Newspaper Archive of
The Monroe County Reporter
Forsyth, Georgia
September 4, 2019     The Monroe County Reporter
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September 4, 2019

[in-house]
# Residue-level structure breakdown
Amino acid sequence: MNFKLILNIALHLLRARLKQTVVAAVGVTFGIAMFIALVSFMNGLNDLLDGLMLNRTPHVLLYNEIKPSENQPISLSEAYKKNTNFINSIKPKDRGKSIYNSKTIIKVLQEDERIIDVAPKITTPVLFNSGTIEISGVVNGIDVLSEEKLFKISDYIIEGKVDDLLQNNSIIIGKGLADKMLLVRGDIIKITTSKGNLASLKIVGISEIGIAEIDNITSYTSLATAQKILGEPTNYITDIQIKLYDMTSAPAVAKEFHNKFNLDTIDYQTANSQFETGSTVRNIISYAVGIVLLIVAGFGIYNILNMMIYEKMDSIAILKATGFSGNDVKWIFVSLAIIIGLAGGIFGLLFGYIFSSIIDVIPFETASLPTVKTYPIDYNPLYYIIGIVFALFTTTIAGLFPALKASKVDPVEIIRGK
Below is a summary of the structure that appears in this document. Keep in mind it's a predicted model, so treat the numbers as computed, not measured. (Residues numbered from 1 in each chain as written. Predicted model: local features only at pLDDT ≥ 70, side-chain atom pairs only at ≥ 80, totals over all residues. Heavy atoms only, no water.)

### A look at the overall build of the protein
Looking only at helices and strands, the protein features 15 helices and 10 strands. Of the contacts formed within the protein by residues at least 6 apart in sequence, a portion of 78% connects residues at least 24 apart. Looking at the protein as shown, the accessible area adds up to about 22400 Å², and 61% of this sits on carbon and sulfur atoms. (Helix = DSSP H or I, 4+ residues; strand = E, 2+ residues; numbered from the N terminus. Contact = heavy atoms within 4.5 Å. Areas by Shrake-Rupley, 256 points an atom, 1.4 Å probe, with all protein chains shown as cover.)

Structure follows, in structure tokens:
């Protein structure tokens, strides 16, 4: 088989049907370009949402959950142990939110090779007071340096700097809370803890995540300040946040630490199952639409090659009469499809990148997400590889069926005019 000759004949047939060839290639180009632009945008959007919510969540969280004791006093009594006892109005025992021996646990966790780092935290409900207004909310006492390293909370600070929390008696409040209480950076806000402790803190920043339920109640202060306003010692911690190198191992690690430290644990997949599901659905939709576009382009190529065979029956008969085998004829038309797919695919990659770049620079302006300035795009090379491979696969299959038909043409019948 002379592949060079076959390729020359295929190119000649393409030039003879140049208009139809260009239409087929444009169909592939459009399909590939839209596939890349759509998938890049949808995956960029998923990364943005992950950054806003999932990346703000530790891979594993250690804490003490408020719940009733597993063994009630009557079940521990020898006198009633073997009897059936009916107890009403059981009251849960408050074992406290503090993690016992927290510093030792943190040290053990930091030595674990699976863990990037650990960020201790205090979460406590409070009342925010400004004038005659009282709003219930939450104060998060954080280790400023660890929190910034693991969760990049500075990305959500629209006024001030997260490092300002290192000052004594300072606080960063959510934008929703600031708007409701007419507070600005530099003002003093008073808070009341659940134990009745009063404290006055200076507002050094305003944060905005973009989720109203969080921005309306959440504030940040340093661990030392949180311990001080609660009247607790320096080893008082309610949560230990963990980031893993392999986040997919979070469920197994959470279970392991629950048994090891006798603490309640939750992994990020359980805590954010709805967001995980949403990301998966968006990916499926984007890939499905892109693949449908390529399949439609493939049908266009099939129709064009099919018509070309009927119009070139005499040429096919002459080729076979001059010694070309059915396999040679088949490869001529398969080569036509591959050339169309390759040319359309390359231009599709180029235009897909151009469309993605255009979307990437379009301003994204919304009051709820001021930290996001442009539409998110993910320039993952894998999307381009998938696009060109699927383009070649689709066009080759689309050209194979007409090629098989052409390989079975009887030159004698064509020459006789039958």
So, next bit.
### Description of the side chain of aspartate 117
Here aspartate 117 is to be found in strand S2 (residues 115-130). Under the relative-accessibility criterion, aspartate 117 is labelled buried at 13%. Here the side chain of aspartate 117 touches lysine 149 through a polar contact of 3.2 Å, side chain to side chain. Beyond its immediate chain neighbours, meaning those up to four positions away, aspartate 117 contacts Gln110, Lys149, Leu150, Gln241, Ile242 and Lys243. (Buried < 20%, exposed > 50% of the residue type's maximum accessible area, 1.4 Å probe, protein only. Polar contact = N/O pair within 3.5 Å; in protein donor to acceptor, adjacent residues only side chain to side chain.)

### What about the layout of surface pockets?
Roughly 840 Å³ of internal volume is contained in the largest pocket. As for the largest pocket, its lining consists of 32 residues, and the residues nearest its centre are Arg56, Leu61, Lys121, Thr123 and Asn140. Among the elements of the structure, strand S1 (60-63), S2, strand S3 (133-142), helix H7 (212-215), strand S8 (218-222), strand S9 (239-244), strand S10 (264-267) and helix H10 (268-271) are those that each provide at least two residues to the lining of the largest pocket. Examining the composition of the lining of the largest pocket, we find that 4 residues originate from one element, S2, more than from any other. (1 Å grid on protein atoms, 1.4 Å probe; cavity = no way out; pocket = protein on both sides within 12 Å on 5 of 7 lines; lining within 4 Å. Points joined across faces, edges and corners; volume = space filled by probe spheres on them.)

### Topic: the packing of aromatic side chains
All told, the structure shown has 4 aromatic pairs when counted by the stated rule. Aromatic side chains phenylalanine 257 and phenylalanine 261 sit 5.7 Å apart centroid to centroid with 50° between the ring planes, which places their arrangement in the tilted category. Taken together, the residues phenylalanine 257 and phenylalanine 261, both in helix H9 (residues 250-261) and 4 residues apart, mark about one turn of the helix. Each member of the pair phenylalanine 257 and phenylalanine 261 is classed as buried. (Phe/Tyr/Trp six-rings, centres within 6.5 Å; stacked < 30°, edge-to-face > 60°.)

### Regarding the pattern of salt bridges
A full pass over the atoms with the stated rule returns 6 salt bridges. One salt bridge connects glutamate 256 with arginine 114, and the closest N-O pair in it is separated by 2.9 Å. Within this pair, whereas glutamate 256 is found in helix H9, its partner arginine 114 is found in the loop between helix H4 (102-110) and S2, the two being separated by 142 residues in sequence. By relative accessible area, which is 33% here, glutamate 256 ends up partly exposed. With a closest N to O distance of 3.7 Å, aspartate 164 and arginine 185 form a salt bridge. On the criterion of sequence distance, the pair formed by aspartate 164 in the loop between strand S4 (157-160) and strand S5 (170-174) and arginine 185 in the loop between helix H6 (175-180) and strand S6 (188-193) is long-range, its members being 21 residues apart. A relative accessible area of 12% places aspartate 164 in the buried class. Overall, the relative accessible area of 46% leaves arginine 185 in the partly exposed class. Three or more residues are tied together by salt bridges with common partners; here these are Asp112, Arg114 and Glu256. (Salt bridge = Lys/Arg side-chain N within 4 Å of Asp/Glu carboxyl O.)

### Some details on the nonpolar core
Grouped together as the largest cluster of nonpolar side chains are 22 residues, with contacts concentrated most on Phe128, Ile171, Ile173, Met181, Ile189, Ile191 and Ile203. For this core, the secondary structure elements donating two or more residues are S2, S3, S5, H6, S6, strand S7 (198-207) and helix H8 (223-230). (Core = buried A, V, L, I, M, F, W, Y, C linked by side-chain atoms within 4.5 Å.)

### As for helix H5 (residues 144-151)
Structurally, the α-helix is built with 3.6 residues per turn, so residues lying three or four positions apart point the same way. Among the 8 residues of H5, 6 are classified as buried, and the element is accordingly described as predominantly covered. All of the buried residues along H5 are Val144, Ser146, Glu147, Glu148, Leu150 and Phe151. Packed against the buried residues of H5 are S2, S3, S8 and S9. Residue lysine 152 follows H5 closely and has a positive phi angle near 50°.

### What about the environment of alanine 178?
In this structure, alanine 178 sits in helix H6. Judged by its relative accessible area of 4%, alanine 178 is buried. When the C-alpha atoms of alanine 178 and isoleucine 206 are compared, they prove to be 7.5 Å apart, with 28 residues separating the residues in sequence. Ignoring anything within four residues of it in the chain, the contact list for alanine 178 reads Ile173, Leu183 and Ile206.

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"Declare among the nations, and publish, and set up a standard; & EDITORIALS publish, and conceal not." - Jeremiah 50:2 2019, 2018, 2017, 2016 winner: Editorial Page excellence~ 2019, 2018 winner:. Best Headhne Writing /0~~ 2019 winner:. Best C ity Serv~:o l~l~ i-~1 2019 winne* Best Layout and Design ~'~e~, ~! 2019 winmm Best Serious Column - Don Daniel IkY~"'~Pr, dP~r '1 ,[. ON THE PORCH by Will Davis f you're looking for work, our friend Leia Gatliff at the new Five Below distribution warehouse in Smarr says they're hiring to get ready for their Christmas blitz. Gatliff, who's in charge of human resources at the warehouse, has already hired 170 employees, 20 of them on salary and the rest are hourly. Gatliff told the Forsyth-Monroe County Kiwanis Club on Tuesday that they'll add about 100 more to get ready for the December rush. Gatliff shared some other interesting tidbits about our newest business. The Smarr warehouse currently provides truckloads of merchandise for 202 Five Below stores from south Florida to the west. Among those stores is the new one that just opened in Macon on Bass Road. So now locals can check out a Five Below store and see what it offers. Gatliff explained that her company's found- ers envisioned a store where any parent of any income level can take their child inside the store and allow them to choose one item to take home for $5 or less, a.k.a. Five Below. Gatliff said some have described the store as a "fun" Dollar General. Gatliff said Five Below has a company headquarters in Philadelphia where their buyers work hard to get ahead of trends and make sure their stores have the most popular items for young people. In fact she said Five Below deserves part of the credit for fueling the Fidget Spinner craze that swept the nation. Gatliff said almost all the merchandise comes to the Smarr warehouse from the port in Savannah. And since the port is currently closed due to Hurricane Dorian, Gatliff said it's been kind of slow at the ware- house until the port reopens. If the Monroe County Development Authority is looking for someone to testify about this being a business-friendly community, Gatliff is the one. She said the community has been very supportive. In fact, when they started hiring, she was inundated with more than 3,000 applications only from word of mouth and from advertising in the local newspaper, the Reporter. Moreover, their neighbors in Smarr are always willing to help. Recently the warehouse's "yard dog" equipment which helps unload trucks went down. That would mean 170 employees would be sitting around with nothing to do. But their neighbors at nearby Gresco loaned them their yard dog and they were able to put 170 workers right back to work. "There's just a special spirit in this community," said Gatliff. Lineage, a refrigerated warehouse company, has bought property next door for $3.9 million to build its own facility there in Smarr. That means more jobs and more economic activity in Monroe County. Some people complain about the growth coming to Monroe County. They wish things could stay the way they are. And anyone who has watched the way growth has overrun Henry County would certainly be apphrensive. But Gatliff, who lives on High Falls Lake, pointed out that she was driving a 3-hour round trip com- mute to Cobb County every day before she joined Five Below. Eliminating that commute means she and others like her are able to spend more time with their families and in our community. If you look it at that way, then growing our economic base actually HELPS build community and family ties that make small- town life special, rather than hurting them. www. is published every week by The Monroe County Reporter Inc. Will Davis, President. Robert M. Williams Jr Vice President Cheryl S. Williams, Secretary-Treasurer Will Davis Publisher/Editor Trellis Grant Business Manager c.Oum ~ ~00. News Editor Community Editor Carolyn Martel Advertising Manager Amy Haisten Creative Director Official Organ of Monroe County and the City of Forsyth 50 N. Jackson St. PC) Box 795 Forsyth, GA 31029 Periodicals Postage Paid at Forsyth, GA 31029 POSTMASTEPc Send address changes to: THE MONROE COUNTY REPORTER 478-994-2358 SUBSCRIPTION RATE: In County:. $40 Out of County:. $48 Single Copy: $1 Deadlines noon on Friday prior to issue. Comments featuped on opinion pages are the o'eat~n of the wdte~ the do not neo~adly refle(t the opinlom of'l~ Reporter manageme~ Publication No. USPS 997-840 I PEACH STATE POLITICS by Kyle Wingfield met Johnny Isakson a decade ago. Others have known him longer and can tell you about him in the de- tail required for the his- tory books, in light of his announce - ment that he will leave the U.S. Senate at year's end due to his health. I'm going to tell you what I've seen from him, and in him, "- "'; because it's what I'm going to miss about him. Ten years ago I was a 30-year-old columnist at the Atlanta Journal- Constitution, learning on the job in a way that probably shouldn't have been allowed. But every- thing goes faster these days, and so I came to be at Atlanta's OK Cafe, meeting our (at the time) first-term, junior senator. It was the summer of the Obamacare town halls. The nascent tea party had moved from rallying against bailouts and "stimulus" to con- fronting Democratic members of Congress about their forced reor- ganization of the health- care sector. My editor, who'd ac- companied us to lunch, suggested that the sena- tor let me tag along for some of his own town halls. Johnny (no one re- fers to him as "Isakson," not even those who make his campaign materials, so to heck with AP style for today) quickly agreed, and bright and early one morning soon afterward I rendezvoused with him down in Claxton. We left my ear behind and took off in a black SUV down U.S. 301 toward Glennville. One thing you may have forgotten about politics in the summer of 2009 was a) Republicans were not immune from the tea partiers' fury, and b) this was fairly novel Their relatively swift downfall, three years af- ter holding all the levers of power, had earned them no sympathy from their own base. Combine that with the fact our entire relation- ship at that point consist- ed of one luncheon, and it's remarkable in hind- sight that Johnny - who was up for re-election in 2010 - spoke so freely with me. That openness as an elected official is one thing about him I'll miss. We arrived directly in Glennville, where he was to speak to the lo- cal Rotary Club's lunch meeting. As I recall, he made remarks to the effect of, "I'm willing to talk about healthcare reform, but this isn't the right answer." Again, to jog your memory: Poli- tics in 2009 hadn't yet reached the fever-pitch tribalism of today, but a Republican then took a real risk by signaling any openness to change. He took questions from the audience. All of them, by my recollection. That willingness to speak his mind and stand his ground, in the name of doing right by the American people, is another thing I'll miss about him. After that, we climbed back into the SUV and headed down to ]esup. The topic there was not Obamacare. Rather, the senator held a field hearing about veterans' affairs, specifically their access to healthcare. If you have followed Johnny's Senate career at all, you know serving those who have served their country has been a priority. I expect to read a TAKING A LIKENS TO YOU by Dale Likens ecently, my wife and I returned, once again, to Ohio. This time Karen was to celebrate her 60th year of graduating from a school we both attended: Hartford Centralized School. It's the same school where Karen and I first met. I was in the third grade while my beautiful wife-to-be was in the first grade. Oh, our love affair didn't begin in the first grade or the third grade, but somewhere in those wonderful years ahead God was preparing us for that eventual year we would tie the knot and become one. However, a few years later Karen did become the most charming cheerleader for our basketball team, and I was chosen as the team's captain. Still, it wasn't until Karen enrolled in Bowl- ing Green State University that she and I became serious. I was working my way through Youngstown Univer- sity and simply dying to visit Bowling Green every weekend I could. Today Karen celebrates her 60th year class reunion from high school. The year was 1959. For weeks she has been excited to see many of those who graduated with her. "Should I wear this?" She would ask time and time again. "It doesn't matter!" I assured her. "You will definitely be the most beau- tiful person there!" And she was] Leading up to this reunion of her dassmates I found myself thinking often about those golden years gone by. Kareds class was the largest to ever graduate from Hartford Central- ized School with a grand total of 29 students. Hartford Centralized School once sat in the middle of our town square. A few years ago the school was destroyed and the land was quickly turned into a beautiful town square with the remaining statue of a World War II soldier holding a rifle. Below the statue the names of those Hartford soldiers who valiantly gave their lives for our nation are carved on a large, stone monument. As we drove through this small town with no street lights and only a few stop signs I decided to stop at the land where Karen's childhood home once stood. "Right there, in that barn, is where I used to walk across the rafters pretending I was a great cowgirl ready to pounce on the bad, bad cowboys!" Karen chuckled. "I was surely a tomboy and could whip any of my brothers or neighbors in a mad race to atbarn," "I remember hearing all about you from yotg brother, Ron" I said. "Of course he and I were in the same class. He told me much about you through- out those years. Still, I was too slow to put two and two together until you became the beautiful woman you are toda "The other night I was reminded of that wonderful year, 1959 ' Karen said as we sat in her family driveway. "Do you remember who the great singers of that year were?" "Oh, I remember Jim Reeves and Pat Boone,' I told her. "They were two of my favorite singers." "Well, Doris Day was my favorite. But I remember Frank Sinatra and Ella Fitzgerald as well." "It was a great year wasn't it? In 1959 Hawaii became our 50th state. It was also the first year year for my favorite TV show. Do you know what it was?" She challenged me. "Tell me!" I said. "Bonanza!" she laughed. That evening we met with Karen's Classmates of 60 years ago. One by one her close friends paraded into our meeting place. Of course I, too, remembered each of them and con- number of tributes to the senator - he's earned them - and most of them will speak to his willing- ness to reach across the aisle, to compromise. That's true, but incom- plete. Yes, Johnny Isakson has played a different game in Washington than most of late, from either party. The game has changed and only the old hands are allowed to play by the old rules, like Gor- die Howe taking the ice without a helmet. But what made Johnny really different, to me, was that all those admi- rable traits - his open- his willingness to speak his mind but also to compromise when that was called for - stemmed from a genuine humility. Don't read into that statement too much about anyone else; it's about him, not an oblique reference to others. But it is what I'll miss about having him represent our state in the Senate, and our nation is the poorer for having few cut from his cloth The president and CEO of the Georgia Public Policy Foundation, Kyle Wingfield's column runs in papers around the state of Georgia. sidered each to be a long lost friend. Upon graduation Russell Rhodes worked with the governor of New Mexico. His wife, Ann, whom he met in New Mexico, was one of the Blue Jet Airline owners. Today she travels across our country speaking to vari- ous company employees. Joe Mott reminded the class of his pet crow that followed him to school each day and sat at his window during dass. Jape Mott's husband, George Gerasimek, showed pictures of his company cut- ting trees by remote control Each graduate told of his or her children or grandchildren and what each had done in their lives. Karen, of course, showed pictures of our newest great-grandchild and the wonder- ful years she had spent as a teacher in both Ohio and Georgia. Then she surprised each graduate and his/her spouse with the greatest gift of all, a luscious, mouth-watering Georgia peach from Dickey Farms in Musella] The last to speak was my step-broth- er, Bill. Bill went on and on about checking his DNA and discovering how he was related to nearly everyone in town. "In fact," he said with a look of concern on his face, "I'm related to John Dillinger, the notorious criminal of the Great Depression era of the United States!" "He's my step-brother" I reminded those in attendance. "He's not my real brother as you all know!" The laughter echoed across the room! "It was fun!" Karen said on our way back to Georgia. "I mean it was so wonderful seeing all my friends of so long ago. I can't believe I hadn't seen some of them in 60 years! Sixty long years ago! But your brother Bill was the most entertaining! He had everyone in stitches! Imagine admit- ting he was related somehow to John Dillinger!" She paused for a moment. "Thanks Hon! That was truly a won- derful time! The year was 1959! What wonderful memories!" God bless. Dale Likens is an author who lives in Monroe County.